Metals used in making capsule 3 are available in a wide range of formulas and have varied melting points. It is primarily necessary however that the metal should have a melting point below that at which the sample begins to decompose to an extent which interferes with analysis, and this of course depends largely on the nature A of the sample. Either pure elements or alloys of various metals may be be employed.
A low-melting metal for use herein should be relatively soft so that it can be sealed by pinching or the like, it should be malleable so that it can be easily drawn into tubing, and preferably it should have a low vapor pressure when molten. Also, it should not oxidize too readily in air at room temperature so that it can form a metal-to-metal bond by the process of cold welding when pressure is applied to adjoining surfaces. Cold welding is a common property of all metals, provided that there be no extensive surface contamination and that the applied pressure be sufficiently great to cause metal-tometal adhesion. Cold welding, also termed self welding or contact welding, is realized easily at temperatures within about 200 C.-250 C. of the metals melting point.
Another requirement of the metal is that it not be reactive with the sample fluid at its melting temperature. This consideration somewhat limits the range of usable metals with certain samples, e.g. unstable halogenated organic compounds, but numerous metals are available which are sufficiently inert at their melting points.
it has been found that the metal indium possesses outstanding characteristics of softness, ductility, low melting point (155 C.), and resistance to most chemicals. Accordingly, commercially pure indium metal and the indium-containing alloys such as indium-tin eutectic constitute the preferred fusible metals for use in accordance with the present invention. Indium may easily be die formed into long tubes of hundreds of feet in length, if necessary. Indium however reacts with certain organic compounds, specifically those which release halogens at temperatures above about 150 C., and accordingly more chemically resistant materials such as tin (M.P. 232 C.) may be preferred in this service.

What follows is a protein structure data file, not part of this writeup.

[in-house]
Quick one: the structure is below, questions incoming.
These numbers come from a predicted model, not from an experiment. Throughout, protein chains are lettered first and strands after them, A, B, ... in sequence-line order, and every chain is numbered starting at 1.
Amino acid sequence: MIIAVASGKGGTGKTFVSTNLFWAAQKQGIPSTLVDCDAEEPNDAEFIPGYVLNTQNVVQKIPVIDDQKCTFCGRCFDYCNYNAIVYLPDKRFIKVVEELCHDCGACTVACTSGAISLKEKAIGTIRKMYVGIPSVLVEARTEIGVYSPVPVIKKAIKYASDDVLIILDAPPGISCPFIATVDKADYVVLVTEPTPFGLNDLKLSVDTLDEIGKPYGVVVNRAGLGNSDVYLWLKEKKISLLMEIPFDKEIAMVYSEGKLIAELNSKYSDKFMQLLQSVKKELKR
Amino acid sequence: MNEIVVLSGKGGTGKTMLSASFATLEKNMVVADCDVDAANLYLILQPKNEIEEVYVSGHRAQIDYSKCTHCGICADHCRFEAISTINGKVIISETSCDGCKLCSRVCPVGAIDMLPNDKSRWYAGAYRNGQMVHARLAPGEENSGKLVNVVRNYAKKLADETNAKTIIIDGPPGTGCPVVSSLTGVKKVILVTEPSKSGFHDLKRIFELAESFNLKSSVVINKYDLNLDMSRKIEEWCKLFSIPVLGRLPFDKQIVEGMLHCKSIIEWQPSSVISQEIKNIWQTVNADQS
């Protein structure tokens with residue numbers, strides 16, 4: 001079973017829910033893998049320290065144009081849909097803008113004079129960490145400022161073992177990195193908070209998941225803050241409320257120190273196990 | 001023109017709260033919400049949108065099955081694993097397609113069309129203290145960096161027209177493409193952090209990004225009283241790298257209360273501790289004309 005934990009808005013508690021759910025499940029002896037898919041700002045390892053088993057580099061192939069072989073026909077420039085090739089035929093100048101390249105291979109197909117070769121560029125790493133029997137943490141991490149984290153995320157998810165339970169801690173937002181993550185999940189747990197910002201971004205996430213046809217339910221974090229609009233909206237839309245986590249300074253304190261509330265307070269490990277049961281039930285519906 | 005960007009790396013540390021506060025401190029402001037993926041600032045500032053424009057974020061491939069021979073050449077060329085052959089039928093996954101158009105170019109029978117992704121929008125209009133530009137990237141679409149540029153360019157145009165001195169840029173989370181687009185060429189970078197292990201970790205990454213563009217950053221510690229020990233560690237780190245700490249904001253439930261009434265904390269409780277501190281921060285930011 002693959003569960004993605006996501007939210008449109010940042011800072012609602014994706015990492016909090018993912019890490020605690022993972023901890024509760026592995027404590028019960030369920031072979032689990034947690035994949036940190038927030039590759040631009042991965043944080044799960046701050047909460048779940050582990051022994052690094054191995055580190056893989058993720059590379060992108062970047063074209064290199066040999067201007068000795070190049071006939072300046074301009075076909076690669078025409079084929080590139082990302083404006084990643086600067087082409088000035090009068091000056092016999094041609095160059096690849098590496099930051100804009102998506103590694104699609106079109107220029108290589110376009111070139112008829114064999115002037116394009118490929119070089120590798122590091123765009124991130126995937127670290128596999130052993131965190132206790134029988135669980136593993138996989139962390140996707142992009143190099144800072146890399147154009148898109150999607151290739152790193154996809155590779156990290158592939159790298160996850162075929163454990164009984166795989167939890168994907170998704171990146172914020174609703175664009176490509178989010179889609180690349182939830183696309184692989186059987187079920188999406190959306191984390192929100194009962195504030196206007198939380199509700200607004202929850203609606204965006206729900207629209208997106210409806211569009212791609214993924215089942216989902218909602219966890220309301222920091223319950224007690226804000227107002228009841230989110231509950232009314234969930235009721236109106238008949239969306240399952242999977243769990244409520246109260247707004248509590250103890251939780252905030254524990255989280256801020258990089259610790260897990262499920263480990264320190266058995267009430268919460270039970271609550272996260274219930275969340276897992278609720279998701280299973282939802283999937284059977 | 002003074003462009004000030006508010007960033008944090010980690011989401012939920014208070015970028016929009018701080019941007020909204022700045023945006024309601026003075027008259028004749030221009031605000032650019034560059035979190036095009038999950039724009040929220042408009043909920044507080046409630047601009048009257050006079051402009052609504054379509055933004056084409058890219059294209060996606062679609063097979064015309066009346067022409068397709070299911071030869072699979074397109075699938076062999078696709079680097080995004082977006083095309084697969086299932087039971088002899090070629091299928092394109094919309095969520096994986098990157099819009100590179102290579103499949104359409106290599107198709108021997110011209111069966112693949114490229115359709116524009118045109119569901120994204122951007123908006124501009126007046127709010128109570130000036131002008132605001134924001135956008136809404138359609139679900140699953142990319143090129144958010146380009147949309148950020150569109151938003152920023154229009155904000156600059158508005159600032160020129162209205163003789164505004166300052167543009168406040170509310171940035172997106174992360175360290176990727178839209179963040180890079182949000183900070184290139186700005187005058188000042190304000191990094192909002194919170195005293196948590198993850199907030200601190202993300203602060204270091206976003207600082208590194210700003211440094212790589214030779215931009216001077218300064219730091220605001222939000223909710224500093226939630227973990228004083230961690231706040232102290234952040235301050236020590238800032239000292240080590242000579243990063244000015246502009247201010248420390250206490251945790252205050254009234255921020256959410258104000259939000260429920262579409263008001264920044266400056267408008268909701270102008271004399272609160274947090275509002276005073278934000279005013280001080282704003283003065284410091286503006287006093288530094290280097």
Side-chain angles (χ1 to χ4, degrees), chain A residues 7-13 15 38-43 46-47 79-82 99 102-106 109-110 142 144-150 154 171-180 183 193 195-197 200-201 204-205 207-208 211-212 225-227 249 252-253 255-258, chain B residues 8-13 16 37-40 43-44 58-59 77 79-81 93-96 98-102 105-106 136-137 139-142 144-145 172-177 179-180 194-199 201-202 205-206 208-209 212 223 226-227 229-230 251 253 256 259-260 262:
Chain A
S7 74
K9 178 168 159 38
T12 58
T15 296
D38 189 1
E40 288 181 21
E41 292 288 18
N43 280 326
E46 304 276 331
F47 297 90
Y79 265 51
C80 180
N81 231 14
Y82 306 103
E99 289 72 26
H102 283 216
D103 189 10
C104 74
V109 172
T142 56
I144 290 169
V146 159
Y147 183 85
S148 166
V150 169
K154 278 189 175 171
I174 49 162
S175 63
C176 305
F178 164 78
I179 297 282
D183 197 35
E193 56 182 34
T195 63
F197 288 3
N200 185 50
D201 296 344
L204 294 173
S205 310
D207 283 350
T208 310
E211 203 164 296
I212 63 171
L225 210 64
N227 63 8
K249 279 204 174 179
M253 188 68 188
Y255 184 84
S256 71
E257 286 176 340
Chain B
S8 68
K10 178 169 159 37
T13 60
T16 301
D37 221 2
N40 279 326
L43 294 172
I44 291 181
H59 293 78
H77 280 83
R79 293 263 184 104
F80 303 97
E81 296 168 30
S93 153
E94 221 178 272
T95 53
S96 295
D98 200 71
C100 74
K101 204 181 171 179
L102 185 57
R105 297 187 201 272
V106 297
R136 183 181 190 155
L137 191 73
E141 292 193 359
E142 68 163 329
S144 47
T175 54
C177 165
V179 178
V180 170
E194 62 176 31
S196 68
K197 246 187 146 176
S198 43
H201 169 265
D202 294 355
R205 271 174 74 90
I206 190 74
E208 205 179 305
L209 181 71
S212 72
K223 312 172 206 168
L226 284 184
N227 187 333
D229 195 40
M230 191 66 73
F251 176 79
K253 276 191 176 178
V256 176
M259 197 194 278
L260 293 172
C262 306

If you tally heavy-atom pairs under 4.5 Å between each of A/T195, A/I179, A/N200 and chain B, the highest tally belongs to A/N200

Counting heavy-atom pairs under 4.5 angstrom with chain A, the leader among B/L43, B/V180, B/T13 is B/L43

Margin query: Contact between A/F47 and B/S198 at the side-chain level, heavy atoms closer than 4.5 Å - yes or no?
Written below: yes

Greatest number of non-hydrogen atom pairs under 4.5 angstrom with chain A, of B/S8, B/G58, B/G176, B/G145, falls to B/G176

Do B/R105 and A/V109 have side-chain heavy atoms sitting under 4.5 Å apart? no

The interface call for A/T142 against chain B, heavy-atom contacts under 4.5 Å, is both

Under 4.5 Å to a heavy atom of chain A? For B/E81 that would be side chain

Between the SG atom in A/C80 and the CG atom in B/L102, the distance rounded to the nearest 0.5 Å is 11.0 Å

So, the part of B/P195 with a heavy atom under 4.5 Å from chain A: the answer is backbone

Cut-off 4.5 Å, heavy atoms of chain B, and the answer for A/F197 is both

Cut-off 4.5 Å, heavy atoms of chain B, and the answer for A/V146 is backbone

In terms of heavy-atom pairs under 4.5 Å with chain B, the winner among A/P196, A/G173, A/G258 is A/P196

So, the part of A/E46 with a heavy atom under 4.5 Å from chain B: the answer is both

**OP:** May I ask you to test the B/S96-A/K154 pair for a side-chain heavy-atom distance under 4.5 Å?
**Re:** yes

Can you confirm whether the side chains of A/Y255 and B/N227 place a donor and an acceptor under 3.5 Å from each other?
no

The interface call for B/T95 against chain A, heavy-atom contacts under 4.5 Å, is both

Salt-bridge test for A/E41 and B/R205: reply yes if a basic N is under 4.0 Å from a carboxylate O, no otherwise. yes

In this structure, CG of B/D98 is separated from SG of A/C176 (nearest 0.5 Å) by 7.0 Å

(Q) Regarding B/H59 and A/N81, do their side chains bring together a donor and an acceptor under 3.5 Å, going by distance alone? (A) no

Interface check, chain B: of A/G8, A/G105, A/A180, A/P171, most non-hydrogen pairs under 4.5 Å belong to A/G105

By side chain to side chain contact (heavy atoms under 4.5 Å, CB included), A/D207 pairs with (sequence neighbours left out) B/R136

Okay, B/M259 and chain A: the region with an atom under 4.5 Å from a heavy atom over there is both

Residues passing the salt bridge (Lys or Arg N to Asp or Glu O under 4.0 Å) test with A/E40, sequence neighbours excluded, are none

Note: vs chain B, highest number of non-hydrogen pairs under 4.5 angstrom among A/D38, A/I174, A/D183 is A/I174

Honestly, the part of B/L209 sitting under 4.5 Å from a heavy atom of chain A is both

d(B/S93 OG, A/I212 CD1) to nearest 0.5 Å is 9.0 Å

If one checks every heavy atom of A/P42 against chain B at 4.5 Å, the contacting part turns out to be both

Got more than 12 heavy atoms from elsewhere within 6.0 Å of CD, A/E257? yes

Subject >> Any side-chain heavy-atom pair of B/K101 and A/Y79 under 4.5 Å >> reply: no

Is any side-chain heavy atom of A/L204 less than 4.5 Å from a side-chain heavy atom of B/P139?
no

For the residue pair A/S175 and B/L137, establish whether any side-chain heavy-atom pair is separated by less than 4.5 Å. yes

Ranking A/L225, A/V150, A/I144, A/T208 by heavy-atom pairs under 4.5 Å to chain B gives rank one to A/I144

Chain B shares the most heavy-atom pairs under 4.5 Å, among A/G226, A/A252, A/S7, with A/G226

An extensive listing of the chemical and physical properties of individual elemental metals and their various alloys with each other is compiled in the book Liquid Metals Handbook, by Richard N. Lyon, published jointly by the Atomic Energy Commission and the Department of the Navy, Second Edition (revised), January 1954, especially chapters 2 and 3. Among the elemental metals listed which have melting points below an arbitrarily selected 250 (3., there may be mentioned: the alkali metals, especially lithium (M.P. 179 C.); indium; gallium (30 C.); mercury (39 C.); tin (232 C.); etc. The book lists the composition and melting points of numerous low melting alloys, primarily made up of a major amount of various proportions of bismuth, lead, tin, cadmium, mercury, and antimony, with more or less minor amounts of such metals as thallium, copper, zinc, etc. Illustrative alloys include one of 16 weight percent tin, 21.5% indium, and 62.5% gallium, which melts at 107 C., ranging through Woods metal (M.P. 65.5 C.), Lipowitz alloy (M.P. 70 C.), Roses metal (M.P. Q).
As mentioned previously, indium tubing is ideal for the present process. Not only does it have the requisite chemical and physical properties for most analytical work, but its vapor pressure at elevated temperatures is exceedingly low, which is of importance when conducting analyses at temperatures above about 200 C.